The artwork depicts the map of Palestine in white, against a golden yellow background, its borders surrounded with stylised, colourful birds that symbolise freedom. Decorated with motifs inspired by traditional Palestinian embroidery patterns, the birds add a colourful pictorial balance to the work while symbolising unity and diversity of Palestinian culture.

The map also offers a peek into the powerful words of the Palestinian poet and author Mahmoud Darwish. The words in Arabic are from his poem known as La Taloumny (Don’t Blame Me) that expresses the Palestinians people’s collective grief, resilience and their desire for freedom and return to their homeland.

“Don’t blame me if my land weeps. Can I endure silence while the mother suffers?” reads a section of the poem.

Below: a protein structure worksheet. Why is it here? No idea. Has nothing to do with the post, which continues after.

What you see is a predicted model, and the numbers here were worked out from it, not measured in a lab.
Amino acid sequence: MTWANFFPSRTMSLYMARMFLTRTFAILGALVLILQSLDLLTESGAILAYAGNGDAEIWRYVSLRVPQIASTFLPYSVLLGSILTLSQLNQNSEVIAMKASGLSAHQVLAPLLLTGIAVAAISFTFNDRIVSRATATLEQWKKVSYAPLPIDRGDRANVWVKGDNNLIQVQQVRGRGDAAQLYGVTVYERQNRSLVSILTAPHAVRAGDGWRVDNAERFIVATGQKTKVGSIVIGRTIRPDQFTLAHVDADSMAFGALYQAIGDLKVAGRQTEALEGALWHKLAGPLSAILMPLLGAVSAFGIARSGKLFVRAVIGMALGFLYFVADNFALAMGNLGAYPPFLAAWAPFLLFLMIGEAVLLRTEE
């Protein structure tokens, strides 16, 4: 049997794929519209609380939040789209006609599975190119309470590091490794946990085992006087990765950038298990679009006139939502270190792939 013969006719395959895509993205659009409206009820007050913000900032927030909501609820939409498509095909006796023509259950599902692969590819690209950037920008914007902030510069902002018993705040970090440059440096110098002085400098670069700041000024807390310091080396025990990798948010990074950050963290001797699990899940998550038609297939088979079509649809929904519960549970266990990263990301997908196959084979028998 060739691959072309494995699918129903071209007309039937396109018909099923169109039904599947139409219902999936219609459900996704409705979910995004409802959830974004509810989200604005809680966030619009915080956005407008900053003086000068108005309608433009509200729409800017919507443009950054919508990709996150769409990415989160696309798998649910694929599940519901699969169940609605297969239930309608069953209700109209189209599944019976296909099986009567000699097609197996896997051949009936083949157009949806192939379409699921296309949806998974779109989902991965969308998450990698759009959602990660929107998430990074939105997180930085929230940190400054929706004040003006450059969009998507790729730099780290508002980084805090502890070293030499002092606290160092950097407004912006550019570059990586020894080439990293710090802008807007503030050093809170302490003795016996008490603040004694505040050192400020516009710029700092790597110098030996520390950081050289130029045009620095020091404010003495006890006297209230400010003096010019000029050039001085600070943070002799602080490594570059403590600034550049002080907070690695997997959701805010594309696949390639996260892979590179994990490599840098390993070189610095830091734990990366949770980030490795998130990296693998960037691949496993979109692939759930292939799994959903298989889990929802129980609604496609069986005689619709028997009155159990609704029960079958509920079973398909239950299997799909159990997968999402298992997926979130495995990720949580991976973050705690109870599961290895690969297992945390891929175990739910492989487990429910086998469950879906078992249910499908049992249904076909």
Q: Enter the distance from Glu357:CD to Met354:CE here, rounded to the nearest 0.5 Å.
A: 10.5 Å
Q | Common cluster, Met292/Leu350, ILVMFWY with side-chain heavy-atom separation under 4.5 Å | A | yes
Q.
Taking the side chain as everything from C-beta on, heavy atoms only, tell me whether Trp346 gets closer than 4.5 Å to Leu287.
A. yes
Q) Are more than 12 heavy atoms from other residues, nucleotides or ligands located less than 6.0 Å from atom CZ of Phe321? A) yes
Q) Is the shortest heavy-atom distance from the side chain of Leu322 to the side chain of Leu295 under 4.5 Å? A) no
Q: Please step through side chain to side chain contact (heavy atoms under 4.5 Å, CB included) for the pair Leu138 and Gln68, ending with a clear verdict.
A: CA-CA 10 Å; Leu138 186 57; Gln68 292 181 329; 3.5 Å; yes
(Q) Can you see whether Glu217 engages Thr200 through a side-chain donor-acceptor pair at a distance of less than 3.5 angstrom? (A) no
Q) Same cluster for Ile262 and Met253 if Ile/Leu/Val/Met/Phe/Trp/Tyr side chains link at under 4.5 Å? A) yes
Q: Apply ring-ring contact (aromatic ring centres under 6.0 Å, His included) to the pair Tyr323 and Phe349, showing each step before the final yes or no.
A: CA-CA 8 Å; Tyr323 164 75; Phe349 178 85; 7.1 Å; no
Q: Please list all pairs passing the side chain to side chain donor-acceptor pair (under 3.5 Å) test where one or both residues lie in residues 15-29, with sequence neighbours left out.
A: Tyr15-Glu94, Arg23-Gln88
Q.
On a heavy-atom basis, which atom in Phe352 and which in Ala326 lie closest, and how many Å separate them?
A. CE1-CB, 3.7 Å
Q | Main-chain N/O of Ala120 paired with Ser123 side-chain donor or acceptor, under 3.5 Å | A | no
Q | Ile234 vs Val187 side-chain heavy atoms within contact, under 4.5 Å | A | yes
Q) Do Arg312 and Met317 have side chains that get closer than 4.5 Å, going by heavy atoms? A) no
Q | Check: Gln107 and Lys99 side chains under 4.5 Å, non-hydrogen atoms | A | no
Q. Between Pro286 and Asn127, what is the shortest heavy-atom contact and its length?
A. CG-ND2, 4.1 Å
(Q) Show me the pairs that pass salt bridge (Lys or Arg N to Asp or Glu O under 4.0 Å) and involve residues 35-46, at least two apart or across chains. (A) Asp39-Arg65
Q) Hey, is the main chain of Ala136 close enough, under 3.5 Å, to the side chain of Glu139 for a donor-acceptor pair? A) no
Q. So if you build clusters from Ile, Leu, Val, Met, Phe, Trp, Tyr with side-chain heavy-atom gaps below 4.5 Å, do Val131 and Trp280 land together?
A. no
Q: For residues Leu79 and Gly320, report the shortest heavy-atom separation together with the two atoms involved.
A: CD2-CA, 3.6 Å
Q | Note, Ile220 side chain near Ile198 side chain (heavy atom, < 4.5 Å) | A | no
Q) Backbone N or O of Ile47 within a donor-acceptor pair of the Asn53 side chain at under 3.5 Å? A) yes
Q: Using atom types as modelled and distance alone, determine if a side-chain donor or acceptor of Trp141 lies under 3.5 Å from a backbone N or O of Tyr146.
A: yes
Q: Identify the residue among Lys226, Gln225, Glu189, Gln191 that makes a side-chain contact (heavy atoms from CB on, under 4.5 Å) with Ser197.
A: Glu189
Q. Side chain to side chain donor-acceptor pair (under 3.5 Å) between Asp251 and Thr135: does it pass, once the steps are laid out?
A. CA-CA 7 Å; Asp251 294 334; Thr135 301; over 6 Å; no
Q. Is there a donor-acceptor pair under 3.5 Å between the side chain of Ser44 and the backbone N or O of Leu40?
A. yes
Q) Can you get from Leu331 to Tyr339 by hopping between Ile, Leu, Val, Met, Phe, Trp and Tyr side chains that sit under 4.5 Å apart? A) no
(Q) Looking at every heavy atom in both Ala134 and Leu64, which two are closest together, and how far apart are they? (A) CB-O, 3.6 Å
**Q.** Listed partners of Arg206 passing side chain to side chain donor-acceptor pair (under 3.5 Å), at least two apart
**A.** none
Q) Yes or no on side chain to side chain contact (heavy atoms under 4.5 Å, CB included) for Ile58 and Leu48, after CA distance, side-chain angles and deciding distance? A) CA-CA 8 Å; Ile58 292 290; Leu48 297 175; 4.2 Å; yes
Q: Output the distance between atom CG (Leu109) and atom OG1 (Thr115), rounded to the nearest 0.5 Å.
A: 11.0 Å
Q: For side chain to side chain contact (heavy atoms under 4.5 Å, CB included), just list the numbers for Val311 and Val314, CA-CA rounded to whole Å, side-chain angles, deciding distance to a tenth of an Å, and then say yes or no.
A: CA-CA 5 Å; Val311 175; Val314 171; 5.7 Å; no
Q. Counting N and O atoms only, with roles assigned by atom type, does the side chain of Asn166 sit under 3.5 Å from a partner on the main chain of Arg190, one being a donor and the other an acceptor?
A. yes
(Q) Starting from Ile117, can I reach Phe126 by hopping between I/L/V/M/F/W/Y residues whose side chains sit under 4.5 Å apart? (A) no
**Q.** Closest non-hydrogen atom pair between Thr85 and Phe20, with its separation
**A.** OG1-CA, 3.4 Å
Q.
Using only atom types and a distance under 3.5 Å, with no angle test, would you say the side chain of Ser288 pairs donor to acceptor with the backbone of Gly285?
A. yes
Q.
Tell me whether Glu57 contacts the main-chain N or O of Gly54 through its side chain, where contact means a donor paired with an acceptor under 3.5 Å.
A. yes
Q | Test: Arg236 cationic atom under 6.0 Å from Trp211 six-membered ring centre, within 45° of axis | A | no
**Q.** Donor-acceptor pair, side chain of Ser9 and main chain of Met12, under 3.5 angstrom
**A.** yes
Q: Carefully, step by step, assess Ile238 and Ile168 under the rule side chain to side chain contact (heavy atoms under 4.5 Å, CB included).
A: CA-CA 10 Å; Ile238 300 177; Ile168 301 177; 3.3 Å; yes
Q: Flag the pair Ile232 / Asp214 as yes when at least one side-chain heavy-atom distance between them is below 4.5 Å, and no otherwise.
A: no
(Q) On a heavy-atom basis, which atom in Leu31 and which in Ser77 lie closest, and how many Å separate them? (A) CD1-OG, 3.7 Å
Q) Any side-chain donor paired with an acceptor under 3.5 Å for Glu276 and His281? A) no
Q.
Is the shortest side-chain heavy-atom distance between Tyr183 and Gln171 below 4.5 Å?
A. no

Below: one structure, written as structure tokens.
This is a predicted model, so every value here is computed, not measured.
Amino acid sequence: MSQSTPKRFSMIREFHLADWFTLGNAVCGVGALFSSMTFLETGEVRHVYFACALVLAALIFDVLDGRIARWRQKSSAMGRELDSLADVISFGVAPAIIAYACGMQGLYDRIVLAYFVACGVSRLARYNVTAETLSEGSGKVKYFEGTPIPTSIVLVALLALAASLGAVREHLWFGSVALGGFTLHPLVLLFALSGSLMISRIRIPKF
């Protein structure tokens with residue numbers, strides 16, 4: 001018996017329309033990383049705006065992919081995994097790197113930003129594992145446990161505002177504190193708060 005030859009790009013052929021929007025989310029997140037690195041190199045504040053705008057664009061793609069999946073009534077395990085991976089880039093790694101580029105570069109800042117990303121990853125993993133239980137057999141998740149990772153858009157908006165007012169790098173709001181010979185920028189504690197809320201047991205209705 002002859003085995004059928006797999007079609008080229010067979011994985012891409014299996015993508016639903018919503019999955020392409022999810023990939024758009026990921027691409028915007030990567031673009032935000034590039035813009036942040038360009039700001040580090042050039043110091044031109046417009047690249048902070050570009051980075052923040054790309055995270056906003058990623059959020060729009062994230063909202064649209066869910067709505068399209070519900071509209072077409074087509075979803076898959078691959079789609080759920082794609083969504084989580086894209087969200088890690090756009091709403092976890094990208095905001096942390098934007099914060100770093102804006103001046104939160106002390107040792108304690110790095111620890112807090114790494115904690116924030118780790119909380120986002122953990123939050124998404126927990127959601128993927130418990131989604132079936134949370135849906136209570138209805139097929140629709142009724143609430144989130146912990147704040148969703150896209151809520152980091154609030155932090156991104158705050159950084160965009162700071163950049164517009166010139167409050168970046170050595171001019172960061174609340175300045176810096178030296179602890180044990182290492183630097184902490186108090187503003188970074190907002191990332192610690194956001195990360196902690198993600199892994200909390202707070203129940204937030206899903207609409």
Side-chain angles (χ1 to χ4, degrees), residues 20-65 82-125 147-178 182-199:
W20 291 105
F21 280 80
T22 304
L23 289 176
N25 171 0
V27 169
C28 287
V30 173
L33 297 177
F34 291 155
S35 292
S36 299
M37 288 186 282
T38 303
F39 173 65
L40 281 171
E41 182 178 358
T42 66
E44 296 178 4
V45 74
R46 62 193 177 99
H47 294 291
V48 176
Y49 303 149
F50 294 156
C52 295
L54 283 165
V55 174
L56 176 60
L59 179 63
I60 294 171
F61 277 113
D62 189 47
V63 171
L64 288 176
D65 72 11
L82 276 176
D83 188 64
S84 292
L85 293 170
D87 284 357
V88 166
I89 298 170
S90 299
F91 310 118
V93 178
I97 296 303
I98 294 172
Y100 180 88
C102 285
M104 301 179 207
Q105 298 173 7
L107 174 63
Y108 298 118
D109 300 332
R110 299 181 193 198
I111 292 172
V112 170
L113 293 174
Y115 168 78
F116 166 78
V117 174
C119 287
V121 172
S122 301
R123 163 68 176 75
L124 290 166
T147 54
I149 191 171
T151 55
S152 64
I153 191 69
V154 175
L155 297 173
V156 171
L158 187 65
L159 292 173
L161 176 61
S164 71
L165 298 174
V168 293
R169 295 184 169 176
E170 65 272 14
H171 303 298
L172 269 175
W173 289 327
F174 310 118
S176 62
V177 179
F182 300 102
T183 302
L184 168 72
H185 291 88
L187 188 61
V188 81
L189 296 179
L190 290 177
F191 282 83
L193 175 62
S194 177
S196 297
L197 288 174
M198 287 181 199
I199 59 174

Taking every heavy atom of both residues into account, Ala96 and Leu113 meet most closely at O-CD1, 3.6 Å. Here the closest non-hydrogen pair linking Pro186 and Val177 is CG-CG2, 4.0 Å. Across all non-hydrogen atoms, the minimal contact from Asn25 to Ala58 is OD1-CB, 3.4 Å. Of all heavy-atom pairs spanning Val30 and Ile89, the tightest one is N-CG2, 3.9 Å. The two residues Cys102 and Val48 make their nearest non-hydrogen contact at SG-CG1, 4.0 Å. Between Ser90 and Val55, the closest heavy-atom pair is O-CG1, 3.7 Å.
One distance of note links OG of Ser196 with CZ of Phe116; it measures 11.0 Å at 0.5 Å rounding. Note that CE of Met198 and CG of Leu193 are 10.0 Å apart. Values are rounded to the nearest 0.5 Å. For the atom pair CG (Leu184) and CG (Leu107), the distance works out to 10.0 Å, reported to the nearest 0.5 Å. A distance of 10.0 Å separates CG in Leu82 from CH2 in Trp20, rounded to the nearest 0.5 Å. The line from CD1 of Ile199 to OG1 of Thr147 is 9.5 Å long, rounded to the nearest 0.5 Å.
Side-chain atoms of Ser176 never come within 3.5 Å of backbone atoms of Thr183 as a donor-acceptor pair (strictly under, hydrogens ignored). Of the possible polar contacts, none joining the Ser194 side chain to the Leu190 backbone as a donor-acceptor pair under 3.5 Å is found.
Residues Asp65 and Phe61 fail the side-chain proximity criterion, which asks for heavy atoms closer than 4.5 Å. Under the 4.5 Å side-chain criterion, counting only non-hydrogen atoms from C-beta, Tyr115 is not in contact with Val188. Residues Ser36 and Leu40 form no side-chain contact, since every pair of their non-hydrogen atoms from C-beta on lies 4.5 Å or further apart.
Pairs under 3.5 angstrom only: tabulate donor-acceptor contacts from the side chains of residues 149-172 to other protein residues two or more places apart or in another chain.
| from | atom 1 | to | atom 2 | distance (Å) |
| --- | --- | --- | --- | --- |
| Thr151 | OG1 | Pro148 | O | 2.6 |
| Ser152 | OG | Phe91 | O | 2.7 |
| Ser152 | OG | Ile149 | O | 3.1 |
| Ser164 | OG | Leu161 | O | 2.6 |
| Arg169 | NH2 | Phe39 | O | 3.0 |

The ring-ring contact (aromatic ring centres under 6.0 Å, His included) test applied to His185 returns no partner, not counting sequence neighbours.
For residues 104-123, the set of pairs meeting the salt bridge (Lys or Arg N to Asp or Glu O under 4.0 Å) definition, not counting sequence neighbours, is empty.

The Spring of Palestine is part of the Dalloul Art Foundation's collection in Sharjah, UAE.

Jerusalem, My Home by Samia Halaby

Samia Halaby is a pioneering Palestinian abstract painter, scholar and activist. She is considered one of the most important living Arab artists.

While her work is primarily concerned with exploring colour, shape and abstractions, she is heavily influenced by nature and early Islamic architecture. Halaby explores her experiences of exile and displacement since 1948 in her work but this is not always obvious due to her abstract style.

An example of this is Jerusalem, My Home, painted in 2014 and part of Halaby’s broader Jerusalem series. It is a powerful work that depicts the most recognisable architectural element of the city of Jerusalem. The Dome of the Rock is an Islamic shrine at the centre of the Al Aqsa Mosque compound in the Old City of Jerusalem.